Talking of 2.0 and its techno-heavy music, Mr. Rahman avers, “I do what a film and its theme requires. I can do a song in 1000 different ways but I have to work with a director’s vision. He is the captain of the ship and ultimately he listens to the song more than I do. Shankar’s work amazes me. Three small films can be made from the time, effort and money he spends on one song.”

Mr. Rahman’s own ease with technology, he says, began early when he worked on the synthesiser his father bought. His father was the first in South India to have a synthesiser. “My interest in technology started early and I never imagined that and music would merge. But the dots connected,” he reflects.

Enhanced cinematic experience

Mr. Rahman changed the syntax of the film song when he composed for Roja 25 years ago. With projects like 2.0 and Le Musk, is he entering a new zone? “The film industry is going through challenges. There are so many taxes and there’s competition from the digital medium. It’s a miracle to draw people to watch movies in theatres.

“Earlier people had this fascination for movies, actors and stories. Now it has to be so much more. Being in this industry, we are constantly thinking of how to pull people into cinema halls. The experience has to be 100 times more than watching something on the phone or television. We need to give them bang for their buck. Film-making and music are going through changes to make this possible,” he explains.

The PR person has already signalled twice that my time is nearly up. But Mr. Rahman brightens up at the mention of The Flying Lotus, for which he collaborated with the Seattle Symphony. With the theme of demonetisation, this is an experiment. The compositions have no lyrics, barring the one that uses snatches of statements by Prime Minister Narendra Modi and Arnab Goswami among others on demonetisation.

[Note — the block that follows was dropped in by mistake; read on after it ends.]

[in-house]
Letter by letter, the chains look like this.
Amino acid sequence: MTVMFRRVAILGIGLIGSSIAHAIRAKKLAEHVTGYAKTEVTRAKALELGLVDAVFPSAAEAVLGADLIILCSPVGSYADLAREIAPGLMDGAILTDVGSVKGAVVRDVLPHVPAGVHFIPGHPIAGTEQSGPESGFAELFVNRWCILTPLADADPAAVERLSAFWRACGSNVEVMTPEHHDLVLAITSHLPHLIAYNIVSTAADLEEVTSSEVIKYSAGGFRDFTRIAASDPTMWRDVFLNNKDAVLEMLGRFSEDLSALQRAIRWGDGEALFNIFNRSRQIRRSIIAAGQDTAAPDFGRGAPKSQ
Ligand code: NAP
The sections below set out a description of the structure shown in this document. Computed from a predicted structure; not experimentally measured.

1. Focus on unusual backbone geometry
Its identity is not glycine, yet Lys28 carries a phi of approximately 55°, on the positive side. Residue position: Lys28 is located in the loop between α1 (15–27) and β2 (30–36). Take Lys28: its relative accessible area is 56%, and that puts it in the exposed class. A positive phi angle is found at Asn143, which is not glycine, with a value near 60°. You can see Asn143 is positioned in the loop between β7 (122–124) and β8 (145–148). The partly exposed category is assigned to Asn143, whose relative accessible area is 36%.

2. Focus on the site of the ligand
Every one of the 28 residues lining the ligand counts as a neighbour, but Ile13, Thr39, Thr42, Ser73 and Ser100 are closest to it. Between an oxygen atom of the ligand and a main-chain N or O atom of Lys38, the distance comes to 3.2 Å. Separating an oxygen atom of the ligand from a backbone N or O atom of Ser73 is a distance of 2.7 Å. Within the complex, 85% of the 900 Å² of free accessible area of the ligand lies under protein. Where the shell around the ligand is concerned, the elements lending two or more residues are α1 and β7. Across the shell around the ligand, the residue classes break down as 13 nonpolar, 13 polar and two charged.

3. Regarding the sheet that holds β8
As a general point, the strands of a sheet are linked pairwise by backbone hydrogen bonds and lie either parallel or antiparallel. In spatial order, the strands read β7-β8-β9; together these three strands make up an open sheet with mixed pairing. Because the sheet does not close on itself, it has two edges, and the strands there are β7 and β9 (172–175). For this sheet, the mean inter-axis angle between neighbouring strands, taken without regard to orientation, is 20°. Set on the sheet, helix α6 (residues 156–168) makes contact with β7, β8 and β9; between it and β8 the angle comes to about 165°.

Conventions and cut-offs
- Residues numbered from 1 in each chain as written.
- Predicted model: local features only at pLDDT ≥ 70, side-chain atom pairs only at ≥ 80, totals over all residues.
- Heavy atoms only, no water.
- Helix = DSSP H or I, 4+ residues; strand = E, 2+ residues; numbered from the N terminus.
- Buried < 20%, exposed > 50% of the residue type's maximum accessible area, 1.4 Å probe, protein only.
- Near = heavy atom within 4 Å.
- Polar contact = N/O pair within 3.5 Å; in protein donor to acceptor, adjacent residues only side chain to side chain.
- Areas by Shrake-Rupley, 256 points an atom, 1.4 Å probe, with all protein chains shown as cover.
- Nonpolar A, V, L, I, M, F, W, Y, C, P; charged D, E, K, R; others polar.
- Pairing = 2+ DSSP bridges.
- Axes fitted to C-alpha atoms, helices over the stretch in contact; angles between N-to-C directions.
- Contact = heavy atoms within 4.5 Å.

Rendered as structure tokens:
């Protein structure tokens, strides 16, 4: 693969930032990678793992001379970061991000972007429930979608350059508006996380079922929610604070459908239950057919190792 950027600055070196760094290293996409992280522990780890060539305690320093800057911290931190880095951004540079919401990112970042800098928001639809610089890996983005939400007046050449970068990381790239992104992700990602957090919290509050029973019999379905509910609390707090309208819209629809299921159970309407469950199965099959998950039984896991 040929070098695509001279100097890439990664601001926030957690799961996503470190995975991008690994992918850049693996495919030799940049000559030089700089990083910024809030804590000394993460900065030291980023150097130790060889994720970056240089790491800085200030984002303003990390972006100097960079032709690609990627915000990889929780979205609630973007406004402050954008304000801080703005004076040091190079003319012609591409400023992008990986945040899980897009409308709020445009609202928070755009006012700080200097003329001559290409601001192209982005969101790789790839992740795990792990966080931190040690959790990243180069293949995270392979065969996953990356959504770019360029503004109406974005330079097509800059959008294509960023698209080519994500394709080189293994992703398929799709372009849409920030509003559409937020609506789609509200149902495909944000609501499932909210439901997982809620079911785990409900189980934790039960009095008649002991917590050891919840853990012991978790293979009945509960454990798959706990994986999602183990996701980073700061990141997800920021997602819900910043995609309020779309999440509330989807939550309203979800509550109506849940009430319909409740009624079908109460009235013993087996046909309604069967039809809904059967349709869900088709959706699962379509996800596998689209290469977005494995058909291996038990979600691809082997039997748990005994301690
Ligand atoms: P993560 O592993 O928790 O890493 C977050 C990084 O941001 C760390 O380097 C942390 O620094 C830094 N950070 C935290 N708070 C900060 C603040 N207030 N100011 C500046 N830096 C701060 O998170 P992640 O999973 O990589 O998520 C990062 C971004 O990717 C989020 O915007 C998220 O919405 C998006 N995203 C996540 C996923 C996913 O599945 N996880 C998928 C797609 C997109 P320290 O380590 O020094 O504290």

Was doing away with lyrics intentional to avoid taking sides on the demonitisation issue? “No,” he laughs and adds, “I felt it should be a musical expression. Twenty years later, when people listen to it, they should feel it’s beautiful and recall memories of this time, when they were part of a change and stood in queues. I was inspired by the idea of composing on such a theme.”

Music and demonetisation

While unveiling The Flying Lotus on social media, Mr. Rahman mentioned that it took him six months to get the right stream of thought to compose, after Seattle Symphony approached him. Discussing this, he says, “I could have done anything; but there is a fear when you work with orchestra music. It’s like the mafia. They are waiting to see what music you can do with them. I felt this is our culture. Events in our country and the music should be an expression of how I feel about it and then bring that into an orchestral composition. I took my time.”

By this time, the PR person is fidgeting and signalling me to stop. But Mr. Rahman isn’t done. He continues, “My dream is to bring our music into an orchestral sound. Orchestra is like a collective instrument with which we can come up with musical expressions. I think we should have orchestras in each of our cities.”

I check the time. The conversation has lasted a little over seven minutes, 25 seconds more to be precise.